Another delightfully anomalous junco

Readers who have been with me a while will remember “Buddy,” the white-spotted male junco who lived near my workplace for years. Unusually-colored juncos aren’t as rare as, say, the recently-spotted yellow cardinal, but they aren’t common either. (In my field work in the Sierras we banded ~500 juncos, and only one had a color abnormality.) As a lover of both rare birds and juncos, I get pretty excited about them when I find them.

This particular junco flashed up out of a bush as I was walking past. The size, tail, and movement pattern all said “junco”—but when the bird landed in a tree and I got a good look, my brain’s bird-ID function got confused: “Big chickadee!” it suggested. “Small kestrel! Big-small-chickadee-kestrel-junco!”

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The beauty and the beast; or, a tale of two moles

The Beauty

Technically, golden moles are not true moles—they are more closely related to tenrecs than they are to true moles—but golden moles are small, burrowing, insect-eating mammals that, with their streamlined heads and powerful digging claws, have converged to look a lot like true moles.

With at least one key difference: golden moles shine. They shimmer. They iridesce.

Juliana's golden mole. Photo from ARKive.

Juliana’s golden mole. It’s a bit hard to see the iridescence in photographs, but it’s there. Photo from ARKive.

The hairs on a golden mole reflect light in such a way to give the animal a sheen, ranging in color from gold to green to purple. In the museum where I work, we have some preserved specimens of golden moles, and they are remarkable to see: their fur shines and shimmers like the coat of a child’s stuffed toy unicorn.

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The many (and changeable) colors of the Pacific tree frog

We spend a lot of time looking for junco nests in my field work, which means we spend a lot of time looking at the ground, which means we see a lot of these little guys:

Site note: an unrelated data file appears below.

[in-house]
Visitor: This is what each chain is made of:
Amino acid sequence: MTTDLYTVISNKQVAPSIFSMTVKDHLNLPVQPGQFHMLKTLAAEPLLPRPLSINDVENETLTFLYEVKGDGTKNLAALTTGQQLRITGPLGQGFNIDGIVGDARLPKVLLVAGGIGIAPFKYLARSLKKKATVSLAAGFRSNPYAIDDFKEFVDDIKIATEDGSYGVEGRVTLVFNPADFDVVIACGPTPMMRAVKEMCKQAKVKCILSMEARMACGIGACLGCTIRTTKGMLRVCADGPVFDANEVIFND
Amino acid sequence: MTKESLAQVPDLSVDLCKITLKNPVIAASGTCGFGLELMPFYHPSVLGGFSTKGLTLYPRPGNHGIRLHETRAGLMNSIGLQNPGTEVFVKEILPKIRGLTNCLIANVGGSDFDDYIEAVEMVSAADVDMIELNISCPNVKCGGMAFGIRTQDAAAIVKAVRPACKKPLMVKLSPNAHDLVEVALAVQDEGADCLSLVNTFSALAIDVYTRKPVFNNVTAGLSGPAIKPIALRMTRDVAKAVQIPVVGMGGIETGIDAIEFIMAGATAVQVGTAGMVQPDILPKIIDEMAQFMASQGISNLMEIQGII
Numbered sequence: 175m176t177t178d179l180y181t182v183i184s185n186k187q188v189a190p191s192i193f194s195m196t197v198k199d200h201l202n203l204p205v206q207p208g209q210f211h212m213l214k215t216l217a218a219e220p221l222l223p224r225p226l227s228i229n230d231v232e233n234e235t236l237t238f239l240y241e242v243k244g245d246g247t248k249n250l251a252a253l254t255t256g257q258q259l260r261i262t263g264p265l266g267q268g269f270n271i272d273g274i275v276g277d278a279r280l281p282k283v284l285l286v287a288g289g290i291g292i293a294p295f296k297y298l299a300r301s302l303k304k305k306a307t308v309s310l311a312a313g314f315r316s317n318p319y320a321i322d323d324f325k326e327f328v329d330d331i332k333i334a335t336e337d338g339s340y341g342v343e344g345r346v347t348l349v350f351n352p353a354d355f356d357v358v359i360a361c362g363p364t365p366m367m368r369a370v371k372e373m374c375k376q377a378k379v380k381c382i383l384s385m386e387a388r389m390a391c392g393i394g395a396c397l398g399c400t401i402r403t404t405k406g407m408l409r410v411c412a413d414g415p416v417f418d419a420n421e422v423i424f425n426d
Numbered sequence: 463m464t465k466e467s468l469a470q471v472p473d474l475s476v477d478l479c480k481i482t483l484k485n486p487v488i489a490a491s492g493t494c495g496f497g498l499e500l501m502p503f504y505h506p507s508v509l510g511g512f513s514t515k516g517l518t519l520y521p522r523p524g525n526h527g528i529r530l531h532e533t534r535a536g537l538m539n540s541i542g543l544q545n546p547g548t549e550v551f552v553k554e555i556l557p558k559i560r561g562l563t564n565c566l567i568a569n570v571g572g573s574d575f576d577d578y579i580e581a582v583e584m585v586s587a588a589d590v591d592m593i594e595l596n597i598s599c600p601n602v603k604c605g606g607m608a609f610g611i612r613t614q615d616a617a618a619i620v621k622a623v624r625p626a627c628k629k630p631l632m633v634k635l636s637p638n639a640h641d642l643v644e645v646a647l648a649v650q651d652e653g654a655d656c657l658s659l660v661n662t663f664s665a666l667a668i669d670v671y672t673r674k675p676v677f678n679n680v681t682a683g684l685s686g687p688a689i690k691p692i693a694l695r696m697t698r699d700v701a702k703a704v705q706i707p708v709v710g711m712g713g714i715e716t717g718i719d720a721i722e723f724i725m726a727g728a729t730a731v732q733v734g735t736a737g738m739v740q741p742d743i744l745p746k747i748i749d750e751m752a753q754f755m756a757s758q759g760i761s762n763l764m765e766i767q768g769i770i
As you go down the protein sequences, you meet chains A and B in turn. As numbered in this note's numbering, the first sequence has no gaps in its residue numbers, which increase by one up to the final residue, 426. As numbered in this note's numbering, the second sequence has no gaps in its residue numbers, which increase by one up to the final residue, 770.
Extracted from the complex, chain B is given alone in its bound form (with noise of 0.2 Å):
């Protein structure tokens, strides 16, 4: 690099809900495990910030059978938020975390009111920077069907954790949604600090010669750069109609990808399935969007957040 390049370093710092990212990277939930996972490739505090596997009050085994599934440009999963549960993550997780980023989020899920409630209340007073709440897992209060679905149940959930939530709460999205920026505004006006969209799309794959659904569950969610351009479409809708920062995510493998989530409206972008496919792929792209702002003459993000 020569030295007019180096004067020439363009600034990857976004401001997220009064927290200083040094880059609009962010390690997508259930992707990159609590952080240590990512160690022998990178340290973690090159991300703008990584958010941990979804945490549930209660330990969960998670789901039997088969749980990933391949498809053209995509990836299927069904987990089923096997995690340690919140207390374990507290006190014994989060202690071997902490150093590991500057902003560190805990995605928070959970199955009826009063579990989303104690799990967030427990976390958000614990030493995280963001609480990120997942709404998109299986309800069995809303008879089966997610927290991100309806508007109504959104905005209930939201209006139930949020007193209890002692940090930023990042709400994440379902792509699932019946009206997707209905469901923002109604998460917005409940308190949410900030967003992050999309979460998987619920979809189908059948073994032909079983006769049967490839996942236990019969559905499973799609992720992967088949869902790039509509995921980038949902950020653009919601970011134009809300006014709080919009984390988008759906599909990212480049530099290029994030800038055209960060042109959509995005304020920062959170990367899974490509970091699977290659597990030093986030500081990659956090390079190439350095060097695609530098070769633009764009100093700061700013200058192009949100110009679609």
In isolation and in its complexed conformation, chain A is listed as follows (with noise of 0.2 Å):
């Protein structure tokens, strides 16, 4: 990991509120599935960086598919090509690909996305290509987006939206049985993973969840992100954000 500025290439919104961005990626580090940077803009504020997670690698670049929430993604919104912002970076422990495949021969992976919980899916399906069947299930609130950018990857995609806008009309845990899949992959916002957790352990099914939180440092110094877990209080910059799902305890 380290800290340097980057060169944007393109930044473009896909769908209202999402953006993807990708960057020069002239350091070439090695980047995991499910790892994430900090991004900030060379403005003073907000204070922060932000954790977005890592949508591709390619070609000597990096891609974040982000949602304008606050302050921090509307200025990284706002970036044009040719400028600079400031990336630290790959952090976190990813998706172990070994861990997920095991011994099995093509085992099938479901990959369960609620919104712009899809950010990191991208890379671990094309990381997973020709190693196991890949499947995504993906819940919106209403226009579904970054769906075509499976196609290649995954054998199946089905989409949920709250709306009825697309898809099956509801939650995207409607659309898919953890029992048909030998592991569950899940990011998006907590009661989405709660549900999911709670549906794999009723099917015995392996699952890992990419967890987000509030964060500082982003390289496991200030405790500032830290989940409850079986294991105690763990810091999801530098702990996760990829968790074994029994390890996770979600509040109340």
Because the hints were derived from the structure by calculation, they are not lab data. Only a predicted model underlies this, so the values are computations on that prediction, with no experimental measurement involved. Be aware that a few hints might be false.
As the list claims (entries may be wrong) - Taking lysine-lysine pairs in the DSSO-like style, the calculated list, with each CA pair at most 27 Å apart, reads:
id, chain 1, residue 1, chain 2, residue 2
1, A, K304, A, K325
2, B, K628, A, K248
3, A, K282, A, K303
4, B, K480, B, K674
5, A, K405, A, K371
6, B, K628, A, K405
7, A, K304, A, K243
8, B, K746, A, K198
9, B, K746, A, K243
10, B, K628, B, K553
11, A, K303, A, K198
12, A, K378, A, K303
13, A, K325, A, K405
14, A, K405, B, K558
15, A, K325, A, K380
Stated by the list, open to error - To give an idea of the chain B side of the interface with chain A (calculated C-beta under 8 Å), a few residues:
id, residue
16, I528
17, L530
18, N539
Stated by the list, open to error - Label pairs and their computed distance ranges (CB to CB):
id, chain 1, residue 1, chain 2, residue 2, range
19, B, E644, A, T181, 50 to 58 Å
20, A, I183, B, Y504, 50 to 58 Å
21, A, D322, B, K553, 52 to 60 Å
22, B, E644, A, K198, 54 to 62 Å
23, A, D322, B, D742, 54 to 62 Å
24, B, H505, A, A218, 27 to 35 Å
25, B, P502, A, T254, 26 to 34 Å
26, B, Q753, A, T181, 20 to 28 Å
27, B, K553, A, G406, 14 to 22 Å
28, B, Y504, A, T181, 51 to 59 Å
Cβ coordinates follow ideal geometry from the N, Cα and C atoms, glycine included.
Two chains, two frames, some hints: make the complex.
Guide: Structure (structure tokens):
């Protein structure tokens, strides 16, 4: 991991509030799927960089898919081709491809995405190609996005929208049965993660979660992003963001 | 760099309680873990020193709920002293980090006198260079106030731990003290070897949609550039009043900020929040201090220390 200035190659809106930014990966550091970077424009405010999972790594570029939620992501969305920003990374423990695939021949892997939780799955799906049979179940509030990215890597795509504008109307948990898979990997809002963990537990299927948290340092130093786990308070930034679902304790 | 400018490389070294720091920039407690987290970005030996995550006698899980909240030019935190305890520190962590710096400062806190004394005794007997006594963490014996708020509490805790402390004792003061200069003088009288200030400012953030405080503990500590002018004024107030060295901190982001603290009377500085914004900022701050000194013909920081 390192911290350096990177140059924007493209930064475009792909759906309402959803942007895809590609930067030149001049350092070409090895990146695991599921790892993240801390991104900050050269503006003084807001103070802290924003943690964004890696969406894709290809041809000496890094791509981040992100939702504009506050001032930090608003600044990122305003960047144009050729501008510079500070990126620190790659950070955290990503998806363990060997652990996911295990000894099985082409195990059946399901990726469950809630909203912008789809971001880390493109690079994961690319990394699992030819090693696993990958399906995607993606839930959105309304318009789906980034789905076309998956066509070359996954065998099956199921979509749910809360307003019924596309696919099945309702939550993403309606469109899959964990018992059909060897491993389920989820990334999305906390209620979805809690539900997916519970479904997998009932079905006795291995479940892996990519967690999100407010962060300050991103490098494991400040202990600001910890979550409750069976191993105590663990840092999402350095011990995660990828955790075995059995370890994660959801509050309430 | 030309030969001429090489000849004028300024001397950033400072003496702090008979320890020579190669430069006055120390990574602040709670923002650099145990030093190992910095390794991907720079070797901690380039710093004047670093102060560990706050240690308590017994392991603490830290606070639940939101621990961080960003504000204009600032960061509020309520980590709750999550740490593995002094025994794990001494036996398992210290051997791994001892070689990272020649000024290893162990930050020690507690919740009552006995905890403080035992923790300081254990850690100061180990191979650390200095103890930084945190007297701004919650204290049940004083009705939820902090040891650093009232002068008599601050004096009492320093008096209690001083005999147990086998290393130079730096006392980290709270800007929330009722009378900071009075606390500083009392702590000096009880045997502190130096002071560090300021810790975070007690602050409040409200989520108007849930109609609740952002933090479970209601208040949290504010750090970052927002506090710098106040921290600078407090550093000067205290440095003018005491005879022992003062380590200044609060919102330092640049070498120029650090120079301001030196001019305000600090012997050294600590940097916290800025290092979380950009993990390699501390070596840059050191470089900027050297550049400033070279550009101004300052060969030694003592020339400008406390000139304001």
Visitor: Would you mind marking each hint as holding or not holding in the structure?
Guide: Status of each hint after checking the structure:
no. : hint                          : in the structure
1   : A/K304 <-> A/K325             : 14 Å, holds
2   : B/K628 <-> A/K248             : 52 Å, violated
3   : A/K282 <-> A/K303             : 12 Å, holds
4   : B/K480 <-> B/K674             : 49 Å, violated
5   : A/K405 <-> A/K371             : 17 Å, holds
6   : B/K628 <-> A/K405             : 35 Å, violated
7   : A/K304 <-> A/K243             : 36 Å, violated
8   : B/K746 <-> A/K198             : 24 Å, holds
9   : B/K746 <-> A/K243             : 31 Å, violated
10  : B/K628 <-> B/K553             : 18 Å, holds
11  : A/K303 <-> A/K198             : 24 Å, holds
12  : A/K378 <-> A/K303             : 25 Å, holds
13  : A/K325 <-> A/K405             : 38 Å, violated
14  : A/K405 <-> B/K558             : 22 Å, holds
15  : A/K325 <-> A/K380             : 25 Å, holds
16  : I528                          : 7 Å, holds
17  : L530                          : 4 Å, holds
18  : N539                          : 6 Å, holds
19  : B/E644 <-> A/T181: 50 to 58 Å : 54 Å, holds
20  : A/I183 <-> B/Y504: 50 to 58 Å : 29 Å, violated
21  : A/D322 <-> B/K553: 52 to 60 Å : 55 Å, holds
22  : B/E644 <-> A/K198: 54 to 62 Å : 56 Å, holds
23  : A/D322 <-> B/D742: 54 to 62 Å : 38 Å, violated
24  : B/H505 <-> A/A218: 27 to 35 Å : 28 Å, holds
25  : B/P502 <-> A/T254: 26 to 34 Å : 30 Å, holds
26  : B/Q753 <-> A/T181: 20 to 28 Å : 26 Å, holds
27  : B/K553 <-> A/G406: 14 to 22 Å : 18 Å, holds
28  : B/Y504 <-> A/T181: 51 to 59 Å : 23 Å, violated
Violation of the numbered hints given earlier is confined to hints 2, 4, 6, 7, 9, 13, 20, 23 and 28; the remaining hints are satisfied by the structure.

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Pacific tree frogs come in two main flavors: brown and green.

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Some frogs stay the same color for their entire lives, but some can change from brown to green, or vice versa, depending on whether the background is dark (brown) or light (green). You can see how this might be handy if you want to blend in with the background.

You can't see me!

You can’t see me!

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Ghost junco

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Isn’t he beautiful? He was caught in the hills in Marin County, not all that far from me, and kept in captivity until he died in 1931.

You might think he’s purely colorless at first glance, but he isn’t. He’s more blue-silver than white, an incredible color to come shining out of a drawer of junco specimens when you’ve just spent the last few weeks measuring the same brown-and-black birds over and over. When you look close you find that hidden in those pale feathers are the whispers of normal junco coloration.

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Red finch, orange finch, yellow finch

In general, we understand red birds thusly: the brighter the red, the better the bird. (Why? See this post.) The better the bird, the better his genes/parental care/mate, and the better his reproductive success.

But sometimes it’s more complex—and interesting—than that.

Red male House Finch. Photo by M. LaBarbera.

Red male House Finch. Photo by M. LaBarbera.

Yellow and orange male House Finches. Photo by Ken-ichi Ueda.

Yellow and orange male House Finches.
Photo by Ken-ichi Ueda.

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